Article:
It always seems to come down to getting down another person’s contact info.
That was the goal of many of our social lives (and still is for some), that is the goal when you launch your Minimum Viable Product, and that is even the goal when you launch v8.0. You want someone to see enough value in you that they exchange contact info.
So why do so many companies suck at collecting customer contact data?
You see both ends of the spectrum. On one hand you have the company (usually consumer-focused) who is scared to ask for an email address – even when they have a freemium model. On the other hand you have the B2B company that wants to know your blood type before they’ll let you download that white paper.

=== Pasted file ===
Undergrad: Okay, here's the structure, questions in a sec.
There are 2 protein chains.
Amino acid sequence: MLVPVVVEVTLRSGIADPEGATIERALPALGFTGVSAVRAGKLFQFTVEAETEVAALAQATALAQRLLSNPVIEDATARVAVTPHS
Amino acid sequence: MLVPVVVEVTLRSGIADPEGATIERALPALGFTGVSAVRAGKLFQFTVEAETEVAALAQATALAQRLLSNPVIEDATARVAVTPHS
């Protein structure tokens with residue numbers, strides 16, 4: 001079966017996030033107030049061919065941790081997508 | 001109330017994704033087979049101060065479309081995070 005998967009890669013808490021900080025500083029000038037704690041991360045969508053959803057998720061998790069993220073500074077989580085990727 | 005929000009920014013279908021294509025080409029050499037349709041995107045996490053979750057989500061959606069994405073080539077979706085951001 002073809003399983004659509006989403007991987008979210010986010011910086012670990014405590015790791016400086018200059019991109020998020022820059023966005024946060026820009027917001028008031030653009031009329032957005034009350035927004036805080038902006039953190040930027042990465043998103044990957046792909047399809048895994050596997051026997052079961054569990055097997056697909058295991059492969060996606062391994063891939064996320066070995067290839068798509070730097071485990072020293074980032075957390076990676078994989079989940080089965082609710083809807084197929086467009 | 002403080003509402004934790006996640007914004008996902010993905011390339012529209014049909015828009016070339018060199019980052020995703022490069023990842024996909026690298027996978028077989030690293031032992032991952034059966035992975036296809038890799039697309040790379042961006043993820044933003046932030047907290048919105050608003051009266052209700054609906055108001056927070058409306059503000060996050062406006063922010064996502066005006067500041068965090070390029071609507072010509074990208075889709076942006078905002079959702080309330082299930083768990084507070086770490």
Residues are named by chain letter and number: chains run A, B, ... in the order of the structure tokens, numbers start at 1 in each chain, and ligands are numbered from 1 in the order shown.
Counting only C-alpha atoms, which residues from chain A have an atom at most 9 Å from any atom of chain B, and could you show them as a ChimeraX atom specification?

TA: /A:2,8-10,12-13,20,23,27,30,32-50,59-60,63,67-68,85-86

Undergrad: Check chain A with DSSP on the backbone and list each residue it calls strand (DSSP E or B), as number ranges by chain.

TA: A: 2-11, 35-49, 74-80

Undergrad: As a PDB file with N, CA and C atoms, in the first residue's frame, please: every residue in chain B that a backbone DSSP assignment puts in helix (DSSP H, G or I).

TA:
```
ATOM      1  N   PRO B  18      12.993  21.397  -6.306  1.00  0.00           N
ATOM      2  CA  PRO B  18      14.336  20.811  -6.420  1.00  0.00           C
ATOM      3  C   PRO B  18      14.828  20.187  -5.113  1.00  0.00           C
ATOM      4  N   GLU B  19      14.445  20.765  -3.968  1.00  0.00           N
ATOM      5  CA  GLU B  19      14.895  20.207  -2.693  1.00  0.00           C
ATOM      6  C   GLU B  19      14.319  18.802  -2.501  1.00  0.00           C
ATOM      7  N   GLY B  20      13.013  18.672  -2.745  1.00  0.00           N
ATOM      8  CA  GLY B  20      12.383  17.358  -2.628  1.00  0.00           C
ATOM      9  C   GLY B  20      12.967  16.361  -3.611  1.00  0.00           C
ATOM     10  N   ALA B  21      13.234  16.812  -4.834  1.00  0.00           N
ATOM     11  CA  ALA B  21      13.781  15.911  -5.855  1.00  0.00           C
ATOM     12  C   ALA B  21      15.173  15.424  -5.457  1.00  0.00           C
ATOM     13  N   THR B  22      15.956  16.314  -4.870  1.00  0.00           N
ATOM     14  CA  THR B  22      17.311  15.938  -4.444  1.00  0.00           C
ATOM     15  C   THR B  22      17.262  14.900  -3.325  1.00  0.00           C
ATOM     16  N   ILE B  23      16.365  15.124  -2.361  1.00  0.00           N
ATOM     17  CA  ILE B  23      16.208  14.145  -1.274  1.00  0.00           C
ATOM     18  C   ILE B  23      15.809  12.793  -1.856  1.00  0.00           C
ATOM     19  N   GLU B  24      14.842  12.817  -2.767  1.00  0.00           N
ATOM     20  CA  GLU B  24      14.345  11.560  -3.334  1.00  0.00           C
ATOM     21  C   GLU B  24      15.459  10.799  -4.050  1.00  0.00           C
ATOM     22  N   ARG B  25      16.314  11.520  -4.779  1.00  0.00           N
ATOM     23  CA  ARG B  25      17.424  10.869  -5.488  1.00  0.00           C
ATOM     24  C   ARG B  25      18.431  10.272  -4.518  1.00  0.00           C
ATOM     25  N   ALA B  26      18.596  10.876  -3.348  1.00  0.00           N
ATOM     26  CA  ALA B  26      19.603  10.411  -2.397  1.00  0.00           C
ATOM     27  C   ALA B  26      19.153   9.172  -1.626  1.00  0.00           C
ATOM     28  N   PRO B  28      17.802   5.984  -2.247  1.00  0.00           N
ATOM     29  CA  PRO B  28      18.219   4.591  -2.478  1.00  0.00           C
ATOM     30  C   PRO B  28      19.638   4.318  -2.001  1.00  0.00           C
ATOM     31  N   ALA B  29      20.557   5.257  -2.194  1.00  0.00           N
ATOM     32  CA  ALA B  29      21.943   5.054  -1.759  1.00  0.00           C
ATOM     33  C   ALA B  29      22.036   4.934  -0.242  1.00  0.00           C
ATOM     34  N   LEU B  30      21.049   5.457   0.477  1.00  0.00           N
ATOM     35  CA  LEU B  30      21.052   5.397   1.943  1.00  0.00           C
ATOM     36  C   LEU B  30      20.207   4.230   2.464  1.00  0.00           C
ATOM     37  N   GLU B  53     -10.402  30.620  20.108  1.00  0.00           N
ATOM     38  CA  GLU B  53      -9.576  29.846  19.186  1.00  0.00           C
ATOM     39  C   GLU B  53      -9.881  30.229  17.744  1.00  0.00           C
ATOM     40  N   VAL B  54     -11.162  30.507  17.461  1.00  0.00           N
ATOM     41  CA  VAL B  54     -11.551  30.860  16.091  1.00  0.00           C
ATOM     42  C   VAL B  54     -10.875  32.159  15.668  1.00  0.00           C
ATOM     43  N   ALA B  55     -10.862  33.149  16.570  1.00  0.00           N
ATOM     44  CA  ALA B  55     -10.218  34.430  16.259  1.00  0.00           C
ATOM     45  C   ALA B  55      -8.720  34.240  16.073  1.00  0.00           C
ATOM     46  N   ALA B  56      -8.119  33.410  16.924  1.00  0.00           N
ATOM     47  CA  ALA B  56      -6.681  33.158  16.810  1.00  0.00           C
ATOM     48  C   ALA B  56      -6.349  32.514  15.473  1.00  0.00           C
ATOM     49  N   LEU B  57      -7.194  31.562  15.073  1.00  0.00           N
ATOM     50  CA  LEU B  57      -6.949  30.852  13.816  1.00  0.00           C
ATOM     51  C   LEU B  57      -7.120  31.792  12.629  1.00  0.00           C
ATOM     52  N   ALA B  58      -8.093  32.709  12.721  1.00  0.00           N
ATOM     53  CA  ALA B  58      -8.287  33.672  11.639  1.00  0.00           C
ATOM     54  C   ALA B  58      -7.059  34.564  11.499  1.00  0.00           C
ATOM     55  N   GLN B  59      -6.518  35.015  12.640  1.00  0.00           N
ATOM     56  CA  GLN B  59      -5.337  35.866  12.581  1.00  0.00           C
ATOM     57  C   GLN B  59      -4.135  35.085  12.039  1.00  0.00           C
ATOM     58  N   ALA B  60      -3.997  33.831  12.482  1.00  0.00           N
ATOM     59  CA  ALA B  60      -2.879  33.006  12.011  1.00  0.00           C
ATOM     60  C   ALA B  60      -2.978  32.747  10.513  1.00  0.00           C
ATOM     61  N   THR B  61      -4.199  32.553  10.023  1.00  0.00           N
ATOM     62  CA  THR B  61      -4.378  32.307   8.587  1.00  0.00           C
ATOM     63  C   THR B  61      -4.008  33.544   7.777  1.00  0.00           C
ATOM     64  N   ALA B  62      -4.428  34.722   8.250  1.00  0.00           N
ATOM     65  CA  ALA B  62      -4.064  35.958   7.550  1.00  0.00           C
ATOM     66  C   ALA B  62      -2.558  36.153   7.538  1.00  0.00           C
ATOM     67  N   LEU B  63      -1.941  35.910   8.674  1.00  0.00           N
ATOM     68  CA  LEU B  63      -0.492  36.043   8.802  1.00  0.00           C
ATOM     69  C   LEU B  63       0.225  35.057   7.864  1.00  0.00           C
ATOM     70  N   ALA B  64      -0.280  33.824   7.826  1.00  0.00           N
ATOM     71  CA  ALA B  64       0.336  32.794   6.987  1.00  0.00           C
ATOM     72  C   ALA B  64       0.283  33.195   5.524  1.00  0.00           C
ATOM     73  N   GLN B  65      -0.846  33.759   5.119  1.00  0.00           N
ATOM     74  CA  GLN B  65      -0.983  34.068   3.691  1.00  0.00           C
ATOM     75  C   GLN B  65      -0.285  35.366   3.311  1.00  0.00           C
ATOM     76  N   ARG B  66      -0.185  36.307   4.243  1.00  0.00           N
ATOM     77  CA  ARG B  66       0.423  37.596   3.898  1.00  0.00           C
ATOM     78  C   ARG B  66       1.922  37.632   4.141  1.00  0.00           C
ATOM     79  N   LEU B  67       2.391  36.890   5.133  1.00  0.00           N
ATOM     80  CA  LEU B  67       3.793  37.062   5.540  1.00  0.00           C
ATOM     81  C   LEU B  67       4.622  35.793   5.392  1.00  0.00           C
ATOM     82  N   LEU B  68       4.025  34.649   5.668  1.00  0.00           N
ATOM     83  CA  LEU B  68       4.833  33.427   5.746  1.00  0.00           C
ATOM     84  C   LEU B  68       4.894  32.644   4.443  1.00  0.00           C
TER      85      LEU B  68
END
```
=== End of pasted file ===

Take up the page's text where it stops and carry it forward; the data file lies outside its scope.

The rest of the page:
You don’t need to be those people.
Here are five easy steps to get valuable customer contact data without pissing off the customer – in other words, how not to suck.
1. Always get an email address.
It constantly amazes me how many companies give stuff away without getting an email address. You give up your right to direct communication with your customer/user when you don’t get an email address.
“But my conversion rate will go down because people will be afraid I’ll spam them and then won’t sign up for my free product!”
Well first, don’t spam (which I define as shitty content, no context, and bad timing). Secondly, what do you think is going to happen to your conversion rate if you can never talk to your customers? Are you going to be able to point out valuable unused features, solicit feedback, or let an inactive user know about your next feature release that solves her biggest complaint?